9

Photo from this page: http://www.rmf.fm/magazyn/news,6902,wiekszosc-polakow-podziwialo-wczoraj-ksiezyc-zobaczcie-piekne-zdjecia.html

It's on a reputable site which claims that it is a genuine photo but I can't believe that the moon really appeared so large.

enter image description here

  • 7
    It may just be taken with a long focus zoom lens. Can you get the metadata from the photograph? This sometimes contains the information about the lens settings. – matt_black Nov 16 '16 at 10:18
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    @matt_black I guess you mean a long focal length (neither focus nor zoom capabilites have any relevance here), but no, you can easily see on the perspective of the row of houses along the harbour that the image (or at least that part of the image) is not taken with a long focal length. – Tor-Einar Jarnbjo Nov 16 '16 at 13:28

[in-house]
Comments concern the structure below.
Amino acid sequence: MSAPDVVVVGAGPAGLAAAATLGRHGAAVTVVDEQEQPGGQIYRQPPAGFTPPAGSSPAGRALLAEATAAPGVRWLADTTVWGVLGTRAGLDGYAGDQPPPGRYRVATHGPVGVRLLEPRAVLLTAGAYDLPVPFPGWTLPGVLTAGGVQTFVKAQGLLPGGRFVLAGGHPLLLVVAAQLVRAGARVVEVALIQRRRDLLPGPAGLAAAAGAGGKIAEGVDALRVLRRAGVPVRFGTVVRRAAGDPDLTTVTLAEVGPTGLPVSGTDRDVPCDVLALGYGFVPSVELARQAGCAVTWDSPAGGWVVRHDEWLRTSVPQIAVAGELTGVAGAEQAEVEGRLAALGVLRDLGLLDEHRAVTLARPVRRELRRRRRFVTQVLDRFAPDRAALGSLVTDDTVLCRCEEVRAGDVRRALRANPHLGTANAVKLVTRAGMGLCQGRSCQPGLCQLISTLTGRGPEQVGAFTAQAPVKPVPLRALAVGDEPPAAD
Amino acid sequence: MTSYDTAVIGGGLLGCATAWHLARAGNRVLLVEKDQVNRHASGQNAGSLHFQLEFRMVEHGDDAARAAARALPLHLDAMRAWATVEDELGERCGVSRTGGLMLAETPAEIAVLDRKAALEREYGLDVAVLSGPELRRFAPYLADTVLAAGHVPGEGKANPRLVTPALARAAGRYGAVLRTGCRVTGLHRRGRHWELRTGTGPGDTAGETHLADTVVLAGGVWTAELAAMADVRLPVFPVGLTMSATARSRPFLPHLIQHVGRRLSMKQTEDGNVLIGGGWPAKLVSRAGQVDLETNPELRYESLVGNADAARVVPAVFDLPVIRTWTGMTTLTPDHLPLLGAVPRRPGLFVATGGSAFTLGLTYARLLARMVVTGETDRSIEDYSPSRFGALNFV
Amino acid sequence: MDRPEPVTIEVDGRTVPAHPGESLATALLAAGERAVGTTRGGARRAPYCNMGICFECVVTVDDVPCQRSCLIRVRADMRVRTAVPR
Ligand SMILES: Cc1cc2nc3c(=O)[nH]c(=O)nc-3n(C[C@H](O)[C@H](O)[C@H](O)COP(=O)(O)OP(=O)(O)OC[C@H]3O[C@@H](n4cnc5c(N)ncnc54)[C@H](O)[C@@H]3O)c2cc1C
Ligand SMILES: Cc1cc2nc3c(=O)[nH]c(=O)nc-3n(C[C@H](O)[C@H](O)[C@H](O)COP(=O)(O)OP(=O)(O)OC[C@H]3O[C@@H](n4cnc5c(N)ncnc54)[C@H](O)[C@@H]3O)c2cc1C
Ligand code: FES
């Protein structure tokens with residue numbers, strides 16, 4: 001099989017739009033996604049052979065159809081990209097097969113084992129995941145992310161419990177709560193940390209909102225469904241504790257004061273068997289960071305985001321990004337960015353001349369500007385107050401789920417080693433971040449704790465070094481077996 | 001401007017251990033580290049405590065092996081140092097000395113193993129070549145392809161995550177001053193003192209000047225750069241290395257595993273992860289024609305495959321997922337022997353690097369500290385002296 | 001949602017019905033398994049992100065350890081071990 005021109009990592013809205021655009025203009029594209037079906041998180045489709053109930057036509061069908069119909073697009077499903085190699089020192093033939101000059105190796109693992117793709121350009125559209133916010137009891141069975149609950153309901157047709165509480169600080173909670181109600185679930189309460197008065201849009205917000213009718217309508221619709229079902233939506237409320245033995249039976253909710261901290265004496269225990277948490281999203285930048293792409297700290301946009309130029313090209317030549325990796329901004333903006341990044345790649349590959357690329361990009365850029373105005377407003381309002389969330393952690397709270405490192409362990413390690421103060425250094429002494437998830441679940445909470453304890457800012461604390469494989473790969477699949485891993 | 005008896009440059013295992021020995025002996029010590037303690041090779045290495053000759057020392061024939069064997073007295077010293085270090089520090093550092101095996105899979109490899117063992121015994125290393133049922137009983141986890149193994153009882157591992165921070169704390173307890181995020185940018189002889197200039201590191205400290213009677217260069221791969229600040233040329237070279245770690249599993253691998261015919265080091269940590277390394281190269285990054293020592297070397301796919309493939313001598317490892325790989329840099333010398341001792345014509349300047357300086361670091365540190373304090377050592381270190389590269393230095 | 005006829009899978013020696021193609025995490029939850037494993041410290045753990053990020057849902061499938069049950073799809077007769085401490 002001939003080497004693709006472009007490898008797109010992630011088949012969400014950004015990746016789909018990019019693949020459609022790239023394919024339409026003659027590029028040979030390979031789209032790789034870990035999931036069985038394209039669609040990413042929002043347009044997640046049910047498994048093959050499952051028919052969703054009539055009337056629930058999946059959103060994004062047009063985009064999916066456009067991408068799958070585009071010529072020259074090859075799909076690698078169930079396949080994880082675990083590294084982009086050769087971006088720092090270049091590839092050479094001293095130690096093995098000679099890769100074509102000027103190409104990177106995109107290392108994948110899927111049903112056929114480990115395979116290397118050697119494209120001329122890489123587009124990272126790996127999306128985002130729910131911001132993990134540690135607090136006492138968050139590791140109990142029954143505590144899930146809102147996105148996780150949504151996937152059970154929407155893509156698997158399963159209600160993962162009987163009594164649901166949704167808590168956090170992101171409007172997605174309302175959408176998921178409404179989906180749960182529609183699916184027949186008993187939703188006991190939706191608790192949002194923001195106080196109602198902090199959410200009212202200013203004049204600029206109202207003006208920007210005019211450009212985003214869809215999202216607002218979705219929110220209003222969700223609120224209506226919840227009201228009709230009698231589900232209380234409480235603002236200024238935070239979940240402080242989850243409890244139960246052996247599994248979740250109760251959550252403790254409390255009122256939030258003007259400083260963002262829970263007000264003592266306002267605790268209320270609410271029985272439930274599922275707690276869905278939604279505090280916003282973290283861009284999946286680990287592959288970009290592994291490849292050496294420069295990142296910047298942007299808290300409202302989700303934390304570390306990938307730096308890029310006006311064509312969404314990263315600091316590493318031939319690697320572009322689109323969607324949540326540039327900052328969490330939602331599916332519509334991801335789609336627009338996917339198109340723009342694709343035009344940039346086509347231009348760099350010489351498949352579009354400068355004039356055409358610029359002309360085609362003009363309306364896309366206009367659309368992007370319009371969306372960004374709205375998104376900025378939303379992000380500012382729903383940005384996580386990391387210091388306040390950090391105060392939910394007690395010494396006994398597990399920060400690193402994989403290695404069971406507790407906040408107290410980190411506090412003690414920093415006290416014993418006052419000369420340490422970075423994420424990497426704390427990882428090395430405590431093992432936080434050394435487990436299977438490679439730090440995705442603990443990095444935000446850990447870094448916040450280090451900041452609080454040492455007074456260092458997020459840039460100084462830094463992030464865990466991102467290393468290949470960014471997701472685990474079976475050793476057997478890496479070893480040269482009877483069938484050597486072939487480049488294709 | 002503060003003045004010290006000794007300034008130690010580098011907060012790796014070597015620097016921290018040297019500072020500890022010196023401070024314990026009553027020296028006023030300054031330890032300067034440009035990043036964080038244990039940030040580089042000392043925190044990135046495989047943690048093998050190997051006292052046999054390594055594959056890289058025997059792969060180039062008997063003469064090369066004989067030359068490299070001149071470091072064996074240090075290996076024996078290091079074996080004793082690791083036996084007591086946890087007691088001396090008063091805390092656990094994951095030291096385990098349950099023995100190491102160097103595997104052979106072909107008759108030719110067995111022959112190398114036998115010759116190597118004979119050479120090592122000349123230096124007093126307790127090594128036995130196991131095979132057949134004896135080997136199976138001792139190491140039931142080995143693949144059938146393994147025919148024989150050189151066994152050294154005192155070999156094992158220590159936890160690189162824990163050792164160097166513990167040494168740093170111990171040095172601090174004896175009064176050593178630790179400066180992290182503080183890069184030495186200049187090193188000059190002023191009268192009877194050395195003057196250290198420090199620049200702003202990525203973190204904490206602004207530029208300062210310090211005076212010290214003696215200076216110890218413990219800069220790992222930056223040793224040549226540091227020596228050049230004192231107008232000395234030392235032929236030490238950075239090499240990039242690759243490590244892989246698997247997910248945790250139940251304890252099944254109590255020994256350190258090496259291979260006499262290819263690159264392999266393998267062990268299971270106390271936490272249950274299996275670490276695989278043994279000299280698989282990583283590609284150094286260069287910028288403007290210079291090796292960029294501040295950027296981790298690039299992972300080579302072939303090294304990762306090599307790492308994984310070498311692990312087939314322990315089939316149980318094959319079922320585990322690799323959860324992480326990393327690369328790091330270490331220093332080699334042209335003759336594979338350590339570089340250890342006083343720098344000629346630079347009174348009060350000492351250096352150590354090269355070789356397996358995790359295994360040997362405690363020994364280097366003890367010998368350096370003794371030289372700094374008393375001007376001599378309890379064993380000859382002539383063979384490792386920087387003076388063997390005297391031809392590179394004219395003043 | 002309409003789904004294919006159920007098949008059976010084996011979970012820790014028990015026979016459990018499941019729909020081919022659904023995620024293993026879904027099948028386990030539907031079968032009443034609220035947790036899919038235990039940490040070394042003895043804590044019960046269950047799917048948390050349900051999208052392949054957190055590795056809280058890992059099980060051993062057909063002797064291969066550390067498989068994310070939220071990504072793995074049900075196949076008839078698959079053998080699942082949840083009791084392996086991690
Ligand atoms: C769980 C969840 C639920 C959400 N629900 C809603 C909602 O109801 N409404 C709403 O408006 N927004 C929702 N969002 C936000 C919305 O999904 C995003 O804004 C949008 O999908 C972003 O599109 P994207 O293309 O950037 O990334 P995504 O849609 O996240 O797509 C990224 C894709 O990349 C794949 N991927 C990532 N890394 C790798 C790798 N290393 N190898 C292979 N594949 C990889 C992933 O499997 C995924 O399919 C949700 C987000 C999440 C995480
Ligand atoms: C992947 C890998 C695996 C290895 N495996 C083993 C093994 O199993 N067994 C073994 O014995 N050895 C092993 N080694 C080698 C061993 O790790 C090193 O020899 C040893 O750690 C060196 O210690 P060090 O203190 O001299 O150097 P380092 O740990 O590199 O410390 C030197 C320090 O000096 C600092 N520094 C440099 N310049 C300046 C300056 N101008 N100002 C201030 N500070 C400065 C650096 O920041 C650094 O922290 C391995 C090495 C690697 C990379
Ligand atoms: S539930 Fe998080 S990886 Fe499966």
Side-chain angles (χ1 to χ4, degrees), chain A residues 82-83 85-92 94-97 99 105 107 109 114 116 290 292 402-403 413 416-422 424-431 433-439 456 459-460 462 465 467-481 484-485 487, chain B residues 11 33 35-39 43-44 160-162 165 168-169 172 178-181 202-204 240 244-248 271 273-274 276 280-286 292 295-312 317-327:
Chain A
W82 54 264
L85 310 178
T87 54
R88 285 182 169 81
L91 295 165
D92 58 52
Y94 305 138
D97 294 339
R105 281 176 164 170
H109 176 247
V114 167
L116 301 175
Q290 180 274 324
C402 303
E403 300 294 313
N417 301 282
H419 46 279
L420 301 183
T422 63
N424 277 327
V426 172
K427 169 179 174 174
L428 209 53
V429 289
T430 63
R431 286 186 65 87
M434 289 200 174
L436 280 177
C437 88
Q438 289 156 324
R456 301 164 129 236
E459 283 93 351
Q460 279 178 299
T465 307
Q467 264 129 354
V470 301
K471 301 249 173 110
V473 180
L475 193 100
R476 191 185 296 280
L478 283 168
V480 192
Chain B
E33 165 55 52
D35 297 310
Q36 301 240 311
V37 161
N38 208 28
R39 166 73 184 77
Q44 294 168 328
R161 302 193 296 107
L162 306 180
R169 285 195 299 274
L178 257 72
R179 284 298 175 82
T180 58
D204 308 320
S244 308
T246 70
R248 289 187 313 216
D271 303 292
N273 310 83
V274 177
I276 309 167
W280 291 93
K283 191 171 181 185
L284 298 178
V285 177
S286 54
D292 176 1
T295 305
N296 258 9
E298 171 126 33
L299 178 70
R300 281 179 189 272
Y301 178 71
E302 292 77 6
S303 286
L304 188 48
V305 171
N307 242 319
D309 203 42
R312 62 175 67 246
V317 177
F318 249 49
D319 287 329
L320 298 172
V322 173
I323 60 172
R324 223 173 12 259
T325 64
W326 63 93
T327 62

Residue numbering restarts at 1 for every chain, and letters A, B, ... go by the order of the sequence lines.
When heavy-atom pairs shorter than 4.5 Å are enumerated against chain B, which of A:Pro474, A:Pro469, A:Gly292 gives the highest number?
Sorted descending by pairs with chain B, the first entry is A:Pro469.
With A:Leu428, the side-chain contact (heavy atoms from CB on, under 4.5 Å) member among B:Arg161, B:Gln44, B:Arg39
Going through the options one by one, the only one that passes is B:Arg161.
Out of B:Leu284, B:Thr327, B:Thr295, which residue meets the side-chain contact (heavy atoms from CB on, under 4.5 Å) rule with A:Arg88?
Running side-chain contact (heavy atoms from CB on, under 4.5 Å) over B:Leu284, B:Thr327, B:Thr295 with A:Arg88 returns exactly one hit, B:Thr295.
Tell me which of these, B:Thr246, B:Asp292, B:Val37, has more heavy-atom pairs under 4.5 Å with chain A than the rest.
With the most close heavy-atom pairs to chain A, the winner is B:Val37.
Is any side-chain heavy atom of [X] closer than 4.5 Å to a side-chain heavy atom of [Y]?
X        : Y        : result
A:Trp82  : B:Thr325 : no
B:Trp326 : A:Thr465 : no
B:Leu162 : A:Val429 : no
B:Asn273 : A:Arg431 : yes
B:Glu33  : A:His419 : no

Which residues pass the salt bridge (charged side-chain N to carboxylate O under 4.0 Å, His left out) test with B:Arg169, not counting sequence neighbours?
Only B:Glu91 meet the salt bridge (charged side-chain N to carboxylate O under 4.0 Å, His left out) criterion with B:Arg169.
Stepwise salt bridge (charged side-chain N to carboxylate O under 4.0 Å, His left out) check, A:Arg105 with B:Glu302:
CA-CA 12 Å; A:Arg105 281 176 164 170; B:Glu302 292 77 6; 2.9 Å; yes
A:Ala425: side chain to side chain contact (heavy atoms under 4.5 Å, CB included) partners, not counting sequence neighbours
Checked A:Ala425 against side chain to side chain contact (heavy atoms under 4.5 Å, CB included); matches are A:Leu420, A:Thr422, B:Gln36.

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    This site puts focal length at 19mm on a full-frame camera. That is a relatively short focal length. [Note: Metadata can't be trusted.] – Oddthinking Nov 16 '16 at 14:21
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    @cja There have been other supermoons. – TheBlackCat Nov 16 '16 at 14:40
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    @Oddthinking that's why it's a comment and not an answer – tuskiomi Nov 18 '16 at 1:15
11

About this first element of your question

Is this a photo of the supermoon over Gdańsk?

We can easily answer with a clear NO, as the photo has been published before: http://trojmiasto.eska.pl/poznaj-miasto/trojmiasto-noca-a-gdyby-gdansk-wygladal-wlasnie-tak/50001 http://fotolajt.flog.pl/wpis/10794593/wieczorne-nabrzeze-motlawy-w-blasku-zacmienia-ksiezyca#w

from the automatic translation of the linked pages, it seems to be an image linked to a lunar eclipse ("blood moon"), and also the colors of the moon in the picture would indicate that.

Is this a genuine photo?